Shaler man files federal lawsuit to obtain copy of his personnel records
A retired postal worker has tried four times in the past eight months to obtain a copy of his retirement records, but the agency holding them won't even respond to his requests, the Shaler man says in a federal lawsuit filed on Monday.
Daniel Sagi, 57, retired in November 2012 and started receiving his pension, the lawsuit says. The Office of Personnel Management in February 2013 told him it had miscalculated his payments and that he owed the government money.
The agency referred questions to the Justice Department. A Justice Department spokesperson couldn't be reached for comment.
Sagi's attorney, Jonathan Cohn, said he can't evaluate the government's claims about the overpayment without seeing Sagi's retirement file.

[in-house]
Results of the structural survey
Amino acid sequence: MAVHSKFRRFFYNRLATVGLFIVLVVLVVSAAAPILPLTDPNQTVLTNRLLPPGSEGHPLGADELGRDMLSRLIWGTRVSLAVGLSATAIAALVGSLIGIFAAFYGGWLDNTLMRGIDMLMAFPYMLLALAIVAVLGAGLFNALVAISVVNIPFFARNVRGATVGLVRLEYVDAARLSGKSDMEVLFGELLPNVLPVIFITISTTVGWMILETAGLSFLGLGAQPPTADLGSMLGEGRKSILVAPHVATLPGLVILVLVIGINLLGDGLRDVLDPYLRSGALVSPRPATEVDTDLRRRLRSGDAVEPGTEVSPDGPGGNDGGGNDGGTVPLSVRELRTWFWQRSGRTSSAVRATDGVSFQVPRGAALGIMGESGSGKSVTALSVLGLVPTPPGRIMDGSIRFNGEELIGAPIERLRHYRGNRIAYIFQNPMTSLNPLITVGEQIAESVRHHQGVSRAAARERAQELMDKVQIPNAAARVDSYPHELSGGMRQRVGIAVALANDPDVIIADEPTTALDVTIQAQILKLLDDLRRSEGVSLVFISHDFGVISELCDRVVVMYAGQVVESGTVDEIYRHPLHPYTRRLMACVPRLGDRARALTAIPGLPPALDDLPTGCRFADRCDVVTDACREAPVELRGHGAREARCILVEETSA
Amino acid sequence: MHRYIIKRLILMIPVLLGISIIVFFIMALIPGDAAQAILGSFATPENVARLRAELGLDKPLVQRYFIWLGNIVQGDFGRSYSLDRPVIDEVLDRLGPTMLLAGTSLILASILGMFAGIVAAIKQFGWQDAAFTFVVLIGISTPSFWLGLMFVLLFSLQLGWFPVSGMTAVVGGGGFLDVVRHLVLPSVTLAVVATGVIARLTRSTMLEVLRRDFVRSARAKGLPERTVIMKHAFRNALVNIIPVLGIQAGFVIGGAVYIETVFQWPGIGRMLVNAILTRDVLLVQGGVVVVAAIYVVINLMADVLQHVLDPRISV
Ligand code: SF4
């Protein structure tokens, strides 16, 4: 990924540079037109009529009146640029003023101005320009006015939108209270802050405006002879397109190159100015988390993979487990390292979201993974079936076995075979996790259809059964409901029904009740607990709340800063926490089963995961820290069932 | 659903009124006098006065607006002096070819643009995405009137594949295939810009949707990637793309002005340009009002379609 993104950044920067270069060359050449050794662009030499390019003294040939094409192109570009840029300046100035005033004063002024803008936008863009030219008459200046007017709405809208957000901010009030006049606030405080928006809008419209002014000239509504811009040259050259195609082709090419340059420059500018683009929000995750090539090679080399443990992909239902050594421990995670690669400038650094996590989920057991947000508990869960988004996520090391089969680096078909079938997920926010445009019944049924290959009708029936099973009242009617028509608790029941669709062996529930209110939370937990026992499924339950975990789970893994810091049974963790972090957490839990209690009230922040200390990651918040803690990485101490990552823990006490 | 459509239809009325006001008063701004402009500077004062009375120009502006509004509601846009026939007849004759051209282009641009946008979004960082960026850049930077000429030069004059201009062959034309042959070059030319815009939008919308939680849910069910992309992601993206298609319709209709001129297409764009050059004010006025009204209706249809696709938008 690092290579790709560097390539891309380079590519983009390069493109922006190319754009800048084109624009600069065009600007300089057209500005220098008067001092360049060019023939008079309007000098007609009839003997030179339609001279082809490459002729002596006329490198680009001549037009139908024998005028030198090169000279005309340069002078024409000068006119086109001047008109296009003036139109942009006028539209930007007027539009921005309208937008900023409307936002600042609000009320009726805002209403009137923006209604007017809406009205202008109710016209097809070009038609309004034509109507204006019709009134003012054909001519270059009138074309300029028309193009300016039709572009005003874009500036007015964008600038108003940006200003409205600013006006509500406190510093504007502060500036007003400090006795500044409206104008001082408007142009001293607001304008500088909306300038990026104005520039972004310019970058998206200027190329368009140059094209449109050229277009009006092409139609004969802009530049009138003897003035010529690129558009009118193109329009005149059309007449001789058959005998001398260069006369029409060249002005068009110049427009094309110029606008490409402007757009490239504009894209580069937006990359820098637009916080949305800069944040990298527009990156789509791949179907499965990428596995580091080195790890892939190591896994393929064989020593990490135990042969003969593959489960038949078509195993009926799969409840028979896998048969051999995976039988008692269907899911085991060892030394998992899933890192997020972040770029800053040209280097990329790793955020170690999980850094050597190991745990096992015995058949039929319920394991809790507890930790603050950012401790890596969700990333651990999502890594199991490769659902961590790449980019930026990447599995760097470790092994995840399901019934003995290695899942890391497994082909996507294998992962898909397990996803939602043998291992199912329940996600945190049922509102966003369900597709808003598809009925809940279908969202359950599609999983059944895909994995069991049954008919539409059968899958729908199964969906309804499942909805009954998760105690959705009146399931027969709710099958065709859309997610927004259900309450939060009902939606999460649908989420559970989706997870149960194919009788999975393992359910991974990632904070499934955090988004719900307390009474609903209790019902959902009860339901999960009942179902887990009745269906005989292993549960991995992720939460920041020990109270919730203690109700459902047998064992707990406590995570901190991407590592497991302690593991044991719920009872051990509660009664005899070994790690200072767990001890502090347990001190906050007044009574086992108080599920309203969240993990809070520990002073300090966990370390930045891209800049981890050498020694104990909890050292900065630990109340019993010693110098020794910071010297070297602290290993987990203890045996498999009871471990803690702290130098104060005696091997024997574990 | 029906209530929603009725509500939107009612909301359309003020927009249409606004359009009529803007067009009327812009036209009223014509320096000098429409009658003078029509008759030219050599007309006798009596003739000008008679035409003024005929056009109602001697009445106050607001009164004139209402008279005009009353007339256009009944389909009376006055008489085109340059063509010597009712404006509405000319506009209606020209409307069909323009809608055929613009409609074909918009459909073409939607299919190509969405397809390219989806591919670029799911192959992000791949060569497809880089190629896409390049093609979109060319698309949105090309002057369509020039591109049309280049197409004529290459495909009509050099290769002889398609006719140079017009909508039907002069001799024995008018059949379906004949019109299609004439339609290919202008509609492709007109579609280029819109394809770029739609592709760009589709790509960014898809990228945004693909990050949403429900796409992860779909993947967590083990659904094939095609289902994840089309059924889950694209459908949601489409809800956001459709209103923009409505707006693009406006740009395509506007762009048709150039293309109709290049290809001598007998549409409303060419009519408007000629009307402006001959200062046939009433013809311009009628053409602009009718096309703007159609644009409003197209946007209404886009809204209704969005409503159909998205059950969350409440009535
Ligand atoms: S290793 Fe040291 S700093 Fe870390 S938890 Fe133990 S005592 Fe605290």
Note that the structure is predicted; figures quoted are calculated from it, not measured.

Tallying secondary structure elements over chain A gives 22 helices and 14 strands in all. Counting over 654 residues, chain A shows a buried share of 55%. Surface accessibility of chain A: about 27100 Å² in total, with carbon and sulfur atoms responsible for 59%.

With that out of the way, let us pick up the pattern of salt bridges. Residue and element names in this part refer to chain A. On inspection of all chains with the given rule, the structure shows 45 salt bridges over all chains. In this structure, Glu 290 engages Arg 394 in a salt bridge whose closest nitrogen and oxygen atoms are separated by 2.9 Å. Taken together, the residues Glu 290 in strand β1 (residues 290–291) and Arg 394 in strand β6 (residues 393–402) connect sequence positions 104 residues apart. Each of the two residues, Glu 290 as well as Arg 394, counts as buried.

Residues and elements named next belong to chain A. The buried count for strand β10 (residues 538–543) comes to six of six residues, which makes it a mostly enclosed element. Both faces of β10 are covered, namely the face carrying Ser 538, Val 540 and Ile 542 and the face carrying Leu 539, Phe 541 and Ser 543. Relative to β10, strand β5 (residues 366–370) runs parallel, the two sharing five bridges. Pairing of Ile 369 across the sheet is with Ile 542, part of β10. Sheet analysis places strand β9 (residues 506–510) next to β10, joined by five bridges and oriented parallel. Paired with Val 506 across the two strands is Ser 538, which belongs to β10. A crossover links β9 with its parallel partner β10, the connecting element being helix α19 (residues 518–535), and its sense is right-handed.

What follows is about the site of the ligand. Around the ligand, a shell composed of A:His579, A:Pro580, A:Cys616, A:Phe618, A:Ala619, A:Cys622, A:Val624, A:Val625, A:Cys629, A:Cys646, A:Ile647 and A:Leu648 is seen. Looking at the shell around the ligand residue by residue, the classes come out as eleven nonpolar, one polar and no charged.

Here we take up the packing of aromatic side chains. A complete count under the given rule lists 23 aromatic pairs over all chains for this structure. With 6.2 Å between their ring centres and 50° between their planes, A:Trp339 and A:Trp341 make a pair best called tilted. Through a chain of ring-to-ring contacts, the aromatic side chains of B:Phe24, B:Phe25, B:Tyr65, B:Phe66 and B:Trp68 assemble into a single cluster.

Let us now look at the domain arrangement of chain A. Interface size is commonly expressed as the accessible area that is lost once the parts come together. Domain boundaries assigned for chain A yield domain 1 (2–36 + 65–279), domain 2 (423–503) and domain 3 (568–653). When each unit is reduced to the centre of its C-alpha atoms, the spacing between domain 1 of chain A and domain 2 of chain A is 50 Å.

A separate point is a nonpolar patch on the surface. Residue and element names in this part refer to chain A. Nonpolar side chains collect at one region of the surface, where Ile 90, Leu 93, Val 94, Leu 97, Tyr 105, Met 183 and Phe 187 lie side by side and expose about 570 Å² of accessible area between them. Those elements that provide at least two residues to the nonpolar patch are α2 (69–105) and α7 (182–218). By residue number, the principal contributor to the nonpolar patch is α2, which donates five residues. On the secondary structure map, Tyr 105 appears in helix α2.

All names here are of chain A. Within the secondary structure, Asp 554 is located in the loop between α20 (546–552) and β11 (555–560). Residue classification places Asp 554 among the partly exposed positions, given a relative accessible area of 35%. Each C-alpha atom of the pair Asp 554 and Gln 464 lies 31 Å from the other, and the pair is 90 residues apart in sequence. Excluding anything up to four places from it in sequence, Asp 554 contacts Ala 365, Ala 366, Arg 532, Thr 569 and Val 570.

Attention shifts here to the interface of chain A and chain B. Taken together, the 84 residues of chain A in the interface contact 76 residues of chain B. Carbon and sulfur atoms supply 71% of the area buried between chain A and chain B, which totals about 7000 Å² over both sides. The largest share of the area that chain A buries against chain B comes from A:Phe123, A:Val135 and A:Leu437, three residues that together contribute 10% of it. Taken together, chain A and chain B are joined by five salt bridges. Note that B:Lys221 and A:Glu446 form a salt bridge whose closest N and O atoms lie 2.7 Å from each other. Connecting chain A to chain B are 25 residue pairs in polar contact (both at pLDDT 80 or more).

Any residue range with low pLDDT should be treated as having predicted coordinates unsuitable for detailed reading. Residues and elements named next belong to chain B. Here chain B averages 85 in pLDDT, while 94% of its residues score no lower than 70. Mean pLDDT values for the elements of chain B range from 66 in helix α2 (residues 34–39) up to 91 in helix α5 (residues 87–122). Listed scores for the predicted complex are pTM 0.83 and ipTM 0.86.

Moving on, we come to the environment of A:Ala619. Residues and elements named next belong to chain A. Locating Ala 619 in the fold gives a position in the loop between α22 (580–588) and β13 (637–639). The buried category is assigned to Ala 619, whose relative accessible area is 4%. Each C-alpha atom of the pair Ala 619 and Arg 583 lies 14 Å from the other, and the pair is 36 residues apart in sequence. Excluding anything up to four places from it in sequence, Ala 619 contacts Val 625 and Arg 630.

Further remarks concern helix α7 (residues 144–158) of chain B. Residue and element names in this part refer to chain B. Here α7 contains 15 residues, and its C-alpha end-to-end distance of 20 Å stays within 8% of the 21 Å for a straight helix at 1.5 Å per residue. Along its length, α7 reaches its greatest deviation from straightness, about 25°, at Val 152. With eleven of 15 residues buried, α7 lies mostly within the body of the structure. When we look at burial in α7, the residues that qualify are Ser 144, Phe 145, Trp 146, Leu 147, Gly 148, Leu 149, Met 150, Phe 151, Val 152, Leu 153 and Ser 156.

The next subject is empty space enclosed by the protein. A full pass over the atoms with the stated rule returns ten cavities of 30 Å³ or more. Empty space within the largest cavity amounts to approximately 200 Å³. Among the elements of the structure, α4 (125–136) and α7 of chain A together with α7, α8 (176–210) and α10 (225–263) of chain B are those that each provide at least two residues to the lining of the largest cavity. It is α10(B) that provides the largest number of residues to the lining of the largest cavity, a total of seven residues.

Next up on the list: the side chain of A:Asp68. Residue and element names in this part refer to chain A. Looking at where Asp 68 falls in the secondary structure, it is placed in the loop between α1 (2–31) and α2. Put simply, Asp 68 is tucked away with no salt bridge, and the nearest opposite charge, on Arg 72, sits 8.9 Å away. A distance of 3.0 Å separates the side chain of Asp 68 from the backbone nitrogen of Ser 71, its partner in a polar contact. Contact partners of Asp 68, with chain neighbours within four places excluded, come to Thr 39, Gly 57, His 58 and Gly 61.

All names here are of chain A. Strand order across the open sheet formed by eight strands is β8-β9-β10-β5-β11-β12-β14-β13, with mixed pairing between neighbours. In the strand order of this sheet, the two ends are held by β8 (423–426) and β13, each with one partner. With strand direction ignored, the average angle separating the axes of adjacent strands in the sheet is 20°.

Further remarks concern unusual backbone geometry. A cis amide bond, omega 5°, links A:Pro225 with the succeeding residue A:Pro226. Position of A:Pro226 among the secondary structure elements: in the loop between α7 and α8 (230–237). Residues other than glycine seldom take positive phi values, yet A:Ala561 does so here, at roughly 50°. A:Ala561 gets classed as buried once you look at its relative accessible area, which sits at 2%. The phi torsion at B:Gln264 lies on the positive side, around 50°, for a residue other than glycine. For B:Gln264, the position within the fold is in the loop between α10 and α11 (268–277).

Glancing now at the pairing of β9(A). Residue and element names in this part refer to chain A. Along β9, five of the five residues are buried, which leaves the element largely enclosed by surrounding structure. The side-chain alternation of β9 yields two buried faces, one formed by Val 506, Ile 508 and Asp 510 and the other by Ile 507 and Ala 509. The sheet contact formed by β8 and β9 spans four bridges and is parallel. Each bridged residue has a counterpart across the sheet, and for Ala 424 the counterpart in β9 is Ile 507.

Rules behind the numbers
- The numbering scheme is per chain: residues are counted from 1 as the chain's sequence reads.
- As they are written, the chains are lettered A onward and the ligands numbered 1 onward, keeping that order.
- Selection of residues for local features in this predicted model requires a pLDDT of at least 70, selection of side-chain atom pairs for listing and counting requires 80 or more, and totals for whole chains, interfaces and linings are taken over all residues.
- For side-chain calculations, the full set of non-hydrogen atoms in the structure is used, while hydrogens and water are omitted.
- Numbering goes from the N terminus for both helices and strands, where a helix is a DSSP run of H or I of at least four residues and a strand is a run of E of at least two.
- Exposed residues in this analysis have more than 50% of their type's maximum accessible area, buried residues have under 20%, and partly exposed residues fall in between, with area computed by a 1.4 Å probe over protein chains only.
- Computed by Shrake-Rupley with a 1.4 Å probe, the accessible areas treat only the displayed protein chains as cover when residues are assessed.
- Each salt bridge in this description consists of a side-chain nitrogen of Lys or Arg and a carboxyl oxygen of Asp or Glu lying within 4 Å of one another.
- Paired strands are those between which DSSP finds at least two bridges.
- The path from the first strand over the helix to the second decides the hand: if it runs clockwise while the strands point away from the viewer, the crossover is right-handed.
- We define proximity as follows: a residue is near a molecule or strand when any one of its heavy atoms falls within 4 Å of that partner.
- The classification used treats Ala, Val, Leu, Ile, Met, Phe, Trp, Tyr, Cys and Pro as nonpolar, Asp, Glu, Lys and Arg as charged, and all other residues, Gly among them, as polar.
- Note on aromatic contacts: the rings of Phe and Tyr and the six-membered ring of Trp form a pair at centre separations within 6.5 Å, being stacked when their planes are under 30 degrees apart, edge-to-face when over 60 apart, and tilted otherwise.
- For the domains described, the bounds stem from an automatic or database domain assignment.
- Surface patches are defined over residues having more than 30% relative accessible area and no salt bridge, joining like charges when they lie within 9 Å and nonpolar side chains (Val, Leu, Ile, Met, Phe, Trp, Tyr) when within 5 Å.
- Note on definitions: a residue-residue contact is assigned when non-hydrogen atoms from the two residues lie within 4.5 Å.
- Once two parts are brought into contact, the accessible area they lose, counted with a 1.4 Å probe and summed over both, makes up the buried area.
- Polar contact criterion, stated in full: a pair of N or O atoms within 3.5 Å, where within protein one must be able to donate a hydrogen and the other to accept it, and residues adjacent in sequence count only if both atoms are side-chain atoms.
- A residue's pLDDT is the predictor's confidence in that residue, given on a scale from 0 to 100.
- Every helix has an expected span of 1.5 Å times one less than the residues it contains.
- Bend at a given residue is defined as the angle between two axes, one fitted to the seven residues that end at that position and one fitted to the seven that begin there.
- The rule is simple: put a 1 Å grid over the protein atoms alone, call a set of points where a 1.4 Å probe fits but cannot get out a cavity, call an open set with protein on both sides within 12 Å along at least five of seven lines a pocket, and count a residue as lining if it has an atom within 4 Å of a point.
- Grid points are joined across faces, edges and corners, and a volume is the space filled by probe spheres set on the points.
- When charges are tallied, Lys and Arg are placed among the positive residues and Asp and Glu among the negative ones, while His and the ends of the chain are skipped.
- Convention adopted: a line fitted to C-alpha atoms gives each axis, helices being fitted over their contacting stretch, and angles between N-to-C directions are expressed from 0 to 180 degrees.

“I can't provide him any meaningful assistance until I see what the government is saying,” he said.
He filed Freedom of Information Act requests for Sagi's records in July, August, October and January. The Office of Personnel Management has a policy of responding to such requests within 10 days, and federal law requires a response by at least 20 days.
The agency hasn't approved or denied any of the requests, the lawsuit says. Its only response has been an automatic email acknowledging the receipt of one request and a signature receipt on a request that was sent by certified mail, Cohn said.
“No one has ever called me,” he said. “No one has sent me any letters.”
Brian Bowling is a staff writer for Trib Total Media. He can be reached at 412-325-4301 or email@example.com.
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